If you have had one or two miscarriages chances are that you may have received no blood testing at all and your losses may have been chalked up to chromosome miss-matches or simply bad luck. The general rule of thumb is that a woman has to suffer through at least three miscarriages before *any* testing is offered, and even then, tests for insulin resistance are not usually part of a standard miscarriage panel.
If you have had a miscarriage, asking your physician for an insulin resistance test may be a wise move given the increasing number of studies linking insulin resistance to recurrent pregnancy loss. Insulin resistance is defined as a fasting insulin level >20 microU/mL or a fasting glucose to insulin ratio of <4.5. Insulin resistance is a common condition where body's cells become insensitive to the hormone insulin which allows glucose to be stored inside cells. Insulin resistance leads to high blood sugar levels which is harmful to fertility and pregnancy.
A Turkish study (1) set out to investigate links between recurrent pregnancy loss and insulin resistance; sixty four women with recurrent losses (average 3 losses) were compared to sixty four similarly matched controls with no pregnancy losses. Tests were conducted for: fasting glucose, fasting insulin, and fasting glucose/fasting insulin and insulin resistance was calculated.
The study discovered that there sere significant differences between the two groups for all the values tested, the women who had had recurrent loss had: higher fasting glucose values, higher fasting insulin ( more than double), a worse glucose:insulin ratio and a higher HOMA-IR value - a measure if insulin resistance - (4.16) compared to the study group (1.62). The study concluded that:
"Compared with the control group, patients with RPL (recurrent pregnancy loss) were more likely to have insulin resistance."
A similar study (2) also explored the connection between recurrent pregnancy loss and insulin resistance. Seventy-four non-diabetic women with recurrent pregnancy loss were evaluated for insulin resistance and compared to seventy four similarly matched who had at least one child; none of the women were pregnant.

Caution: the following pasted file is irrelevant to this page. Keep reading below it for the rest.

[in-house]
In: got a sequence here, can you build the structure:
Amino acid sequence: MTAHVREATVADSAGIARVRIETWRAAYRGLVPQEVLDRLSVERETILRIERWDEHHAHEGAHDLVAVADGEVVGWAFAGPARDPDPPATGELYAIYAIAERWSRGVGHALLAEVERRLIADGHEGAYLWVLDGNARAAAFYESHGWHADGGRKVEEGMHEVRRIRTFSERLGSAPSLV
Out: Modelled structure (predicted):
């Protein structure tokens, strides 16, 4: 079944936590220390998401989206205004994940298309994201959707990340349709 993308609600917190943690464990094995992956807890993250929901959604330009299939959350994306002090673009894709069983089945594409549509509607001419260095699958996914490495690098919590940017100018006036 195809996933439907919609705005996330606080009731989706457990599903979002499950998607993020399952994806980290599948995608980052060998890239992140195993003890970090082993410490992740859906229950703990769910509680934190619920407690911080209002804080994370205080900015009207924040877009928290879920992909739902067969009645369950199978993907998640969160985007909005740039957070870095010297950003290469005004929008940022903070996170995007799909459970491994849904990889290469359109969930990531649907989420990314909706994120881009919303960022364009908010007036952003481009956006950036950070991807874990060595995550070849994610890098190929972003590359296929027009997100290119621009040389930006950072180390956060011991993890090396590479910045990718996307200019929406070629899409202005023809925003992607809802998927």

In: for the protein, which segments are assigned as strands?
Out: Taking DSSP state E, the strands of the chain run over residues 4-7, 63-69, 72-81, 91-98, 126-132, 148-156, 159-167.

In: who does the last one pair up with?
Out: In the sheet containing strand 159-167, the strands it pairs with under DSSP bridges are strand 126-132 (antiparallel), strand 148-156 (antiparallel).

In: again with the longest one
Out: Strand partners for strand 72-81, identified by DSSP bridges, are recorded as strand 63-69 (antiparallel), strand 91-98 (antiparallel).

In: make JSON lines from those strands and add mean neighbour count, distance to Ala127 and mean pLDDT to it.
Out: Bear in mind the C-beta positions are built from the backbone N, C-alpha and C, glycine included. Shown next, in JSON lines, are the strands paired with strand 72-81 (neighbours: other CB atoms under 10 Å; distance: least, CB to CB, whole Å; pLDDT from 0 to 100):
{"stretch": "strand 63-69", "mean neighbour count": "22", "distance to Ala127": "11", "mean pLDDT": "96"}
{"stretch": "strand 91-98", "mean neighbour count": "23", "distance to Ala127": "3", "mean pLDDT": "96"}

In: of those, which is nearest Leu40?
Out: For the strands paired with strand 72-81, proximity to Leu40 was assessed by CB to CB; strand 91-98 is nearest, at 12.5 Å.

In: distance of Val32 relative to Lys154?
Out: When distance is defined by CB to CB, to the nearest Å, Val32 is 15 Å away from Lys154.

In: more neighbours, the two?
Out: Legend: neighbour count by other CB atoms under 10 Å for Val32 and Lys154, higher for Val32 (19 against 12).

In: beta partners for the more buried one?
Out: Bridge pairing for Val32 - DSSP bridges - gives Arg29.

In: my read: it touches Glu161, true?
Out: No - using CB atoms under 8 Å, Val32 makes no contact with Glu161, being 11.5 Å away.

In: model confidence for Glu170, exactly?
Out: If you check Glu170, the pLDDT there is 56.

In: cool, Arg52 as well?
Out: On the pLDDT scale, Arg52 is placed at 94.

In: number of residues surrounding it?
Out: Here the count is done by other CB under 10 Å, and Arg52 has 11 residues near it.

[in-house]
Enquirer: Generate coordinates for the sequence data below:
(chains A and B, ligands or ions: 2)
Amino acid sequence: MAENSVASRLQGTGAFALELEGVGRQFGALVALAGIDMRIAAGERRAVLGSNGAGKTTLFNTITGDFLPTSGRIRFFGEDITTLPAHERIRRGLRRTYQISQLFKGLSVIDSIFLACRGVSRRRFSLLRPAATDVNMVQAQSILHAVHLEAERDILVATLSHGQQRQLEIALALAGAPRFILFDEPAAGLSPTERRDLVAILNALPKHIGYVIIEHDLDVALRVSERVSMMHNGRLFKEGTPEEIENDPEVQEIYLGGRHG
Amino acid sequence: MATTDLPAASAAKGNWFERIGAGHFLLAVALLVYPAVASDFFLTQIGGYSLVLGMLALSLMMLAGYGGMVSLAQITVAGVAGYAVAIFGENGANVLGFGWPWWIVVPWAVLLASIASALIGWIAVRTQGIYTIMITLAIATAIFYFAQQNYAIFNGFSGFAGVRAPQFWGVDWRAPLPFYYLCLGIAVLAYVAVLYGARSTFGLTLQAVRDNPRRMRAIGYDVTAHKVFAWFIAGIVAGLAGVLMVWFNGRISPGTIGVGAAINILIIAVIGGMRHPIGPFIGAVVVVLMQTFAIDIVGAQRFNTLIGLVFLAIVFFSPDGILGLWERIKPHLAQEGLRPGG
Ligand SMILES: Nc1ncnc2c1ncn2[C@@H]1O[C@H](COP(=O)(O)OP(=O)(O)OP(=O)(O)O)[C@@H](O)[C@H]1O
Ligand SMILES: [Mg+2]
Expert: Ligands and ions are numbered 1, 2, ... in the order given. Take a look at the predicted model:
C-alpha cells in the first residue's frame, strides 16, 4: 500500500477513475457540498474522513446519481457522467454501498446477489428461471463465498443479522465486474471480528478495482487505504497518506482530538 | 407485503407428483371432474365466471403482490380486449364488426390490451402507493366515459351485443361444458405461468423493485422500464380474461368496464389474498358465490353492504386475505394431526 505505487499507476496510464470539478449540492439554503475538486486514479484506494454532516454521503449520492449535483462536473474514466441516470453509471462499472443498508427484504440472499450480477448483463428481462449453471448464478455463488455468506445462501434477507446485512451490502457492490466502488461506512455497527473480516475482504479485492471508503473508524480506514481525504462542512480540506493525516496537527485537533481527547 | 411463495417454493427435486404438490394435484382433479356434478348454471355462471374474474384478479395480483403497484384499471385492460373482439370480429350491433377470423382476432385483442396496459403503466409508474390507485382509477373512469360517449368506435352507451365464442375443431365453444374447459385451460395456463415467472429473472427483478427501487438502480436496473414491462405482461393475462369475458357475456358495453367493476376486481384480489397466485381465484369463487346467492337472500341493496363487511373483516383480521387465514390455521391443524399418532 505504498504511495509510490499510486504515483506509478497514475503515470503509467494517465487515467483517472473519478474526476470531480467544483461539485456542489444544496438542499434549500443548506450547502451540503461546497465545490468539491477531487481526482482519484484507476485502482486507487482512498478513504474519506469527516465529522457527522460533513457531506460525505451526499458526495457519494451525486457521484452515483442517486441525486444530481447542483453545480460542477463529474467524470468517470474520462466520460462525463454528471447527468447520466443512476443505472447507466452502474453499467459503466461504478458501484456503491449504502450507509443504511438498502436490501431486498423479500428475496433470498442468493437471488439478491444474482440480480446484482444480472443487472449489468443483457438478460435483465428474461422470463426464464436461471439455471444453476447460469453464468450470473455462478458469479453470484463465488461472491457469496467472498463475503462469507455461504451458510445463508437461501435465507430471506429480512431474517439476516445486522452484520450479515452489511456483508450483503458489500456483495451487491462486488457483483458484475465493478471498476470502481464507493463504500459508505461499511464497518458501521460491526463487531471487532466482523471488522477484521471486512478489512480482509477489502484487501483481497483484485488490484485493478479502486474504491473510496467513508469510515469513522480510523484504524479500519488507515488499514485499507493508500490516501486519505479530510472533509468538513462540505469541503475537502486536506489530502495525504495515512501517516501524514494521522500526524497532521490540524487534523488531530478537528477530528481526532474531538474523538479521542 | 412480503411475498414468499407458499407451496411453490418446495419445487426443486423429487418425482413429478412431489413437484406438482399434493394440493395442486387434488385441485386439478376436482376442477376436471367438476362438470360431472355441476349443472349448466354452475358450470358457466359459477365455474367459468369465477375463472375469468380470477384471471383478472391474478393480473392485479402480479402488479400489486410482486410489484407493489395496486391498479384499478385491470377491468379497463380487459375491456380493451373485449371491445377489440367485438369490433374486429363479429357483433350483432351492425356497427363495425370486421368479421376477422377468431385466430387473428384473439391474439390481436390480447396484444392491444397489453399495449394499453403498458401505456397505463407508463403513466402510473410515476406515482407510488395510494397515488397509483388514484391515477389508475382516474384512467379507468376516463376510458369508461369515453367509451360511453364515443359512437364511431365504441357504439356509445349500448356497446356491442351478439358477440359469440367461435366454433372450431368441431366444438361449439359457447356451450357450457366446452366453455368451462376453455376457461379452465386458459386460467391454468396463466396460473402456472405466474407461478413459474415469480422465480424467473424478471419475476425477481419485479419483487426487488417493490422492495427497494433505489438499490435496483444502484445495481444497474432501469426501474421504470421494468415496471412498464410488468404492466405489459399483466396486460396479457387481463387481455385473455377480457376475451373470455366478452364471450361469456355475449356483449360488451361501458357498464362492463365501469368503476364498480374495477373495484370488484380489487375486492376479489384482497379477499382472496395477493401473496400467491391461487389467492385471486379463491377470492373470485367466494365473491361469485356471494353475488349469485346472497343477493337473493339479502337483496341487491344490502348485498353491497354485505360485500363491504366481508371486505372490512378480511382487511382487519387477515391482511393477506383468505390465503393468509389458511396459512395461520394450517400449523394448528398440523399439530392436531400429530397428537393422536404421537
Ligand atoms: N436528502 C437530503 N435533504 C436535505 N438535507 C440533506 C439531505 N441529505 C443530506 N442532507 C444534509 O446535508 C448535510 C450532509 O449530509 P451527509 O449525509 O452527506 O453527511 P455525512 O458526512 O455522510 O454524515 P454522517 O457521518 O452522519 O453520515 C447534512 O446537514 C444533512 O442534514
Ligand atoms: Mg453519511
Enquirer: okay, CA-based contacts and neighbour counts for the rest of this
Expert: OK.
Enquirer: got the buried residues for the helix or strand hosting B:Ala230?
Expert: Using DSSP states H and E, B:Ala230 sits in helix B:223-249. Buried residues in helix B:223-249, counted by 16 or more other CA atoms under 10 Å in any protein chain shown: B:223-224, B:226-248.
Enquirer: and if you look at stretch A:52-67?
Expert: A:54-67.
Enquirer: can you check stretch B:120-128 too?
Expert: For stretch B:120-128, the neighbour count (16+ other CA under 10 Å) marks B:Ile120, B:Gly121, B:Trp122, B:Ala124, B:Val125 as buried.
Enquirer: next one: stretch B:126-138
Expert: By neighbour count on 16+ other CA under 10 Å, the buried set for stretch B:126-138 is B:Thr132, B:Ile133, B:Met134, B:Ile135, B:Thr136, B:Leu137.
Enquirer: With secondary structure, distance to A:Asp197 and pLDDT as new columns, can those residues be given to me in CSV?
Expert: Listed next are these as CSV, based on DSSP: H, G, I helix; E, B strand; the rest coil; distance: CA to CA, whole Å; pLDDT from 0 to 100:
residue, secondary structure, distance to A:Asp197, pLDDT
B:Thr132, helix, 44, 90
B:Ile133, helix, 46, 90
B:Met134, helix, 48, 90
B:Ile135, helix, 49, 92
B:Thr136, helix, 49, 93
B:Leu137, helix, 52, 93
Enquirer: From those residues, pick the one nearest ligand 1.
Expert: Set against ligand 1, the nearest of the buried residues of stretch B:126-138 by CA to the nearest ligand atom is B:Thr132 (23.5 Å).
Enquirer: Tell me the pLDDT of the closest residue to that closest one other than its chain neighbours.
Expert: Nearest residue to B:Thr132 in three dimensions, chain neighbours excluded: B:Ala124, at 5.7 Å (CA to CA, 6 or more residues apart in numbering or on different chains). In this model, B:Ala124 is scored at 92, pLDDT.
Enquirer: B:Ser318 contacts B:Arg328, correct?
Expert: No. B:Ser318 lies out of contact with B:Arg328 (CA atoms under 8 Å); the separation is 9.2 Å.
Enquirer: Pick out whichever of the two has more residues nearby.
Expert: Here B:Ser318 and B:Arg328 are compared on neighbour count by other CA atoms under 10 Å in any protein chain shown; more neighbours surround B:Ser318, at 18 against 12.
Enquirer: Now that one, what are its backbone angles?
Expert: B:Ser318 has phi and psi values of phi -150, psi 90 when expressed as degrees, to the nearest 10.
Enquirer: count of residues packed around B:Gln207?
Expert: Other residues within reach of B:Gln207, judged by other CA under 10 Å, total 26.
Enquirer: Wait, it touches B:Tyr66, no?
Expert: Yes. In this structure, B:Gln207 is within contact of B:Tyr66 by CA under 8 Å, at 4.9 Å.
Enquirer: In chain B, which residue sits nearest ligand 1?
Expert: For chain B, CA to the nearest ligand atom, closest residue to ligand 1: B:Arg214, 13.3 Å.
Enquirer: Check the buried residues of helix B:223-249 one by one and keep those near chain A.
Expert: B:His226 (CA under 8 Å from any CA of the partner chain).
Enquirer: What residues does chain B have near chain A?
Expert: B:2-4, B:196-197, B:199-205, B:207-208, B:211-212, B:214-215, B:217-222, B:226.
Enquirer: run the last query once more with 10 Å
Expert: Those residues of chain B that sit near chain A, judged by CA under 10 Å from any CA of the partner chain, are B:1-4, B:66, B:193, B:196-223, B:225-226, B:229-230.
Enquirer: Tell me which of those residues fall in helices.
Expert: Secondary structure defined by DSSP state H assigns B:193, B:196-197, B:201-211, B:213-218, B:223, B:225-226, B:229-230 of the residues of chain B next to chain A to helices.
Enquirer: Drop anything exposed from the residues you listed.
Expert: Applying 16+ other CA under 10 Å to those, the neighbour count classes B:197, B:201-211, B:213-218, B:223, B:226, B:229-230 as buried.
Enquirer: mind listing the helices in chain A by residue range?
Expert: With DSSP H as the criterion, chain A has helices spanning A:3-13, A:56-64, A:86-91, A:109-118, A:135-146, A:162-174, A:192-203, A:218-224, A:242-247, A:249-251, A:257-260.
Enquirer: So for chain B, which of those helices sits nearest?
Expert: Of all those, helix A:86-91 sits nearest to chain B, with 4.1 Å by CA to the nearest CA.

The women with recurrent pregnancy loss had three times the incidence of insulin resistance than the control women (27.0% versus 9.5%) leading the researchers to conclude:
"Women with RPL (recurrent pregnancy loss) have a significantly increased prevalence of insulin resistance when compared with matched fertile controls."
If you have had recurrent miscarriages ask your physician for a thorough insulin resistance test. Pursuing dietary changes and exercise along with appropriate medication such as metformin may help your next pregnancy to go to term.
This article is intended for informational purposes only and is NOT intended to diagnose, offer medical or nutritional treatment or replace medical or nutritional advice for which you should consult a suitably qualified physician or dietitian.
Would you like articles like this delivered to your email? Sign-up for the BellaOnline infertility newsletter, the link is below.
1. Ginekol Pol. 2011 Apr;82(4):272-5. Evaluation of the relationship between insulin resistance and recurrent pregnancy loss. Celik N, Evsen MS, Sak ME, Sovdinc E, Gul T.
2. Fertil Steril. 2002 Sep;78(3):487-90. Increased prevalence of insulin resistance in women with a history of recurrent pregnancy loss.Craig LB, Ke RW, Kutteh WH.